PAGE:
The blog for Mets fans
who like to read

ABOUT US

Jason Fry and Greg Prince
Faith and Fear in Flushing made its debut on Feb. 16, 2005, the brainchild of two longtime friends and lifelong Met fans.

Greg Prince discovered the Mets when he was 6, during the magical summer of 1969. He is a Long Island-based writer, editor and communications consultant. Contact him here.

Jason Fry is a Brooklyn writer whose first memories include his mom leaping up and down cheering for Rusty Staub. Check out his other writing here.

Got something to say? Leave a comment, or email us at faithandfear@gmail.com.

Need our RSS feed? It's here.

Visit our Facebook page, or drop by the personal pages for Greg and Jason.

Or follow us on Twitter: Here's Greg, and here's Jason.

That's What Friends Are For

Welcome to Flashback Friday, a weekly feature devoted to the 20th anniversary of the 1986 World Champion New York Mets.

Twenty years, 43 Fridays. This is one of them.

On a summer Sunday morning in 1986, I called Fred Bunz to tell him I’d be on my way over to pick him up for our trip to Shea Stadium. Fine with him, though he said his mother didn’t understand why we were going to a Mets game. After all, it was going to be so crowded. I didn’t cotton to that sort of thinking. If we want to avoid crowds, I said, we can just go to a minor league game.

“Or a Negro League game,” said Fred.

And that, folks, was and, I suppose, is the essence of the wit and wisdom of Fred Bunz. He didn’t quite get this whole baseball thing, or at least why exactly people like me were so heavily into it, but the beauty of Fred, among other things, is he was up for anything and could find something to say about it that nobody else could; semi-sequiturs, if you will. His mother, a sweet-natured German-born woman, hadn’t raised a son who watched a lot of sports, so when Fred told her he was going to see the Mets with Greg and Larry, she didn’t get it either. Why fight the crowds, especially when the games are on television?

Sure, I suggested. Let’s just grill some hot dogs and watch TV.

Fred, deadpanning again: “And we can park at Waldbaum’s and walk home.”

Waldbaum’s was pretty far from where we lived, see, and the Negro Leagues hadn’t existed for…oh hell, I’m not going to explain it. I knew it was funny. If you knew Fred, you’d still be laughing, too.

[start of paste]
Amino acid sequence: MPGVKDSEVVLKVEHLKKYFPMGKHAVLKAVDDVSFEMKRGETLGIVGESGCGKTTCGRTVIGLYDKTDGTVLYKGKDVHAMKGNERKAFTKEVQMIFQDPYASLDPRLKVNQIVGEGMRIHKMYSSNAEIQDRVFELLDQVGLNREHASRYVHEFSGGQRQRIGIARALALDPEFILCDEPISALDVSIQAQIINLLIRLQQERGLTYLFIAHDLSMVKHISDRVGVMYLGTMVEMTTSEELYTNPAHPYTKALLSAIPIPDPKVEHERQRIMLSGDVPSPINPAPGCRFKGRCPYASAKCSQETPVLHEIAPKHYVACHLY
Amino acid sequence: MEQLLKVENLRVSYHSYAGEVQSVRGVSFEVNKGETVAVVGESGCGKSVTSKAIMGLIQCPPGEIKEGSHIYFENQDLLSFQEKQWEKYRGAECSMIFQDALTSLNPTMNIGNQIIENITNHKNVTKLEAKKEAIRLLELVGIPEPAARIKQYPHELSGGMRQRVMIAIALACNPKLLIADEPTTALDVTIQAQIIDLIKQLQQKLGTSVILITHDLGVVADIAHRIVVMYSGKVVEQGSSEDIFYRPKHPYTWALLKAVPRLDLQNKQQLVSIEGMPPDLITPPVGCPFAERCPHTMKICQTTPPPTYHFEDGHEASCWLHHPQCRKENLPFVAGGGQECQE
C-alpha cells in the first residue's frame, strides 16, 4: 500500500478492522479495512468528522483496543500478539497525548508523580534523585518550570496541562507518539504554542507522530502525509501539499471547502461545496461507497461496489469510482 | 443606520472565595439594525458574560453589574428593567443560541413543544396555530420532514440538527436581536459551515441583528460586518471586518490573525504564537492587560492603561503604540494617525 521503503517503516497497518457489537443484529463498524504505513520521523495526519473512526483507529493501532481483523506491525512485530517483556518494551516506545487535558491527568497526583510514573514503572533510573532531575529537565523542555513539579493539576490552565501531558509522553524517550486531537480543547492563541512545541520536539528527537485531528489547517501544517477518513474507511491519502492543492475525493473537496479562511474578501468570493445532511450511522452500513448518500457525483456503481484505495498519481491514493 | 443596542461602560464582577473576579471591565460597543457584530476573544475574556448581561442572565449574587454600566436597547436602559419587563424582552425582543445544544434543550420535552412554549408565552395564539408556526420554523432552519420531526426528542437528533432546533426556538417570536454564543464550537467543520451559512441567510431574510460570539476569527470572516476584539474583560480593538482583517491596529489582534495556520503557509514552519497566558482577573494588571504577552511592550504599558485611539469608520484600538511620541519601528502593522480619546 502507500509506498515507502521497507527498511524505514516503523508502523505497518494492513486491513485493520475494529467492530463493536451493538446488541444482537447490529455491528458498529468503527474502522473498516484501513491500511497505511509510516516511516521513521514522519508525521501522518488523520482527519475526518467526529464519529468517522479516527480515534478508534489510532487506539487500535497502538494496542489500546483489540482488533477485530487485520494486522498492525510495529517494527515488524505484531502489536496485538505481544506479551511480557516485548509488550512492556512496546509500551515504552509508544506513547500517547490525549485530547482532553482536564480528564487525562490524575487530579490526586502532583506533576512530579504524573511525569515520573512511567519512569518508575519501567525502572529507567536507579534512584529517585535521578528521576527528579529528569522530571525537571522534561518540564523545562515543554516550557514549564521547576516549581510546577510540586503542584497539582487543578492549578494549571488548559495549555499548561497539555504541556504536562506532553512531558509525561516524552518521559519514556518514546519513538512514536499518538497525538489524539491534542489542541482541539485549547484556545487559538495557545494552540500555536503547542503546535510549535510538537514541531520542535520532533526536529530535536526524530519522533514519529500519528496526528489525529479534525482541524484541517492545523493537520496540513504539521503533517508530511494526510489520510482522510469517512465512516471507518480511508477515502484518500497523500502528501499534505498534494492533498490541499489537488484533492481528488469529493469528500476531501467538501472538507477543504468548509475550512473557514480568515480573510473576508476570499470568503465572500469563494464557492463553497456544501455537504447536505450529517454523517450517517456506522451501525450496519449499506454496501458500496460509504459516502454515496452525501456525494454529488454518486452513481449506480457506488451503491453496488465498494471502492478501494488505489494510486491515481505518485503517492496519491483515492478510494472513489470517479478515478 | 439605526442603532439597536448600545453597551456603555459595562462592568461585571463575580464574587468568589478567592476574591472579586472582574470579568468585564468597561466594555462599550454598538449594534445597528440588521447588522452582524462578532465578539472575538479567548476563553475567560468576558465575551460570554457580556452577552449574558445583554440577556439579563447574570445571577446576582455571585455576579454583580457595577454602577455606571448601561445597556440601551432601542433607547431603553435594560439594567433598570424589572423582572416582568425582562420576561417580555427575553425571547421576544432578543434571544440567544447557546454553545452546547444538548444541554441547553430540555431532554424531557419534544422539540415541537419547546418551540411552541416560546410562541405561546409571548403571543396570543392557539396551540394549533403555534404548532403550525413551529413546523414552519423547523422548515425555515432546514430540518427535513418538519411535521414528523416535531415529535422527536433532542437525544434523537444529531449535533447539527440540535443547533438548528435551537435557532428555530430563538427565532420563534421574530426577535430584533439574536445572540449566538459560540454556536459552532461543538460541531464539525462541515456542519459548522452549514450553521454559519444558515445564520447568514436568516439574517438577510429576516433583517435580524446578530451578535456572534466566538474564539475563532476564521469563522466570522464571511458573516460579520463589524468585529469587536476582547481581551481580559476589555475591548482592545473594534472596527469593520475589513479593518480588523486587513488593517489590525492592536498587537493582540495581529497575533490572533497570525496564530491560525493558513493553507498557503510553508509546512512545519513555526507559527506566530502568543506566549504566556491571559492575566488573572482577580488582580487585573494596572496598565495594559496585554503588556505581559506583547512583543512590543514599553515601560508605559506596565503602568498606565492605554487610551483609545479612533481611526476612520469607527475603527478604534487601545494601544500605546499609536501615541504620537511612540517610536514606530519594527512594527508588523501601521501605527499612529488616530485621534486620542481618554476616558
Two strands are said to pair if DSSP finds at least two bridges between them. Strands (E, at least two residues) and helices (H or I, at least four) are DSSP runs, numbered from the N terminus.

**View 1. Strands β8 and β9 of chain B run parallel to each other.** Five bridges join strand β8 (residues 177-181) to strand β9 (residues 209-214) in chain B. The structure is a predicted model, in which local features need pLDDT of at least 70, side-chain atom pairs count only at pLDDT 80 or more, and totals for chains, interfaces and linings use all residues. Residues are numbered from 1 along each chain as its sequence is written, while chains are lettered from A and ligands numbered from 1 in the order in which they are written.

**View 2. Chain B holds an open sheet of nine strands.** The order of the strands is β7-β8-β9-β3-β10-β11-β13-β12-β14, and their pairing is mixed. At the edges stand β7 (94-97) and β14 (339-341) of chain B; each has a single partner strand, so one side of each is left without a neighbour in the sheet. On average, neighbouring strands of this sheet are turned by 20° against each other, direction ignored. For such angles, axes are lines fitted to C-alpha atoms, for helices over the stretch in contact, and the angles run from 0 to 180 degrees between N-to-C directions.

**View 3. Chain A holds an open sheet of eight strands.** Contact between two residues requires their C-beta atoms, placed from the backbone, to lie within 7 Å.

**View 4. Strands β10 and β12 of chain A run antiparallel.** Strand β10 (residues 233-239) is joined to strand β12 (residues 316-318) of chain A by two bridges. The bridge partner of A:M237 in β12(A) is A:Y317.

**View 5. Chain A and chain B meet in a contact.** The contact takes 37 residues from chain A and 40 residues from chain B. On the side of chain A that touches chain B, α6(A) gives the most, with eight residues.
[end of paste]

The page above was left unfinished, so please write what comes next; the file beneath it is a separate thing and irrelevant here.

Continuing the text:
In high school, I attempted to organize our newspaper staff into a softball team. Our coverage of the field didn’t quite match our coverage of scholastic sports (which generally consisted of visiting one practice and doing one interview with one coach), so it was a tall order whipping us into shape. Feature page editor John Gillespie — ironically later an intramural softball demon at Boston University — bundled himself up in a parka and wool hat (I didn’t wait for spring to start our drills) and chased a fly ball into centerfield. The fly ball won. Fred watched and, apropos of a dozen sportscasters he’d casually overheard, declared of John, “He’s on his horse!”

We never actually played a game, but “he’s on his horse!” remains in the record books.

There was seemingly no limit to what Fred knew at least a little about. He had finished his undergraduate work about the time the 1986 season got underway and was en route to a long program that would take him into a career of medical research. He was also a security guard at TSS, the department store in Oceanside that every family in Long Beach frequented when they needed anything at all. He was well-rounded that way.

But there was one thing Fred didn’t know: That you could just buy tickets to a professional baseball game. Mets, Yankees, Minor League, Negro League; he confessed it was a mystery to him. But when I brought it up that hey, this is 1986, the Mets are great, we should go to a game…well, like I said, Fred was up for anything.

So, I suppose, was Larry Russo. Larry knew you could buy tickets to a baseball game. Approximately once a year since we were in high school, Larry and I would go to a game together, usually with Joel Lugo. Joel was my go-to guy where Mets games were concerned. He was pretty much the only serious Mets fan I was friends with through high school and into the years that followed college. I knew other serious Mets fans, but not well. I was friends with Mets sympathizers and empathizers, but not fans. It had been Joel and me for roughly a decade.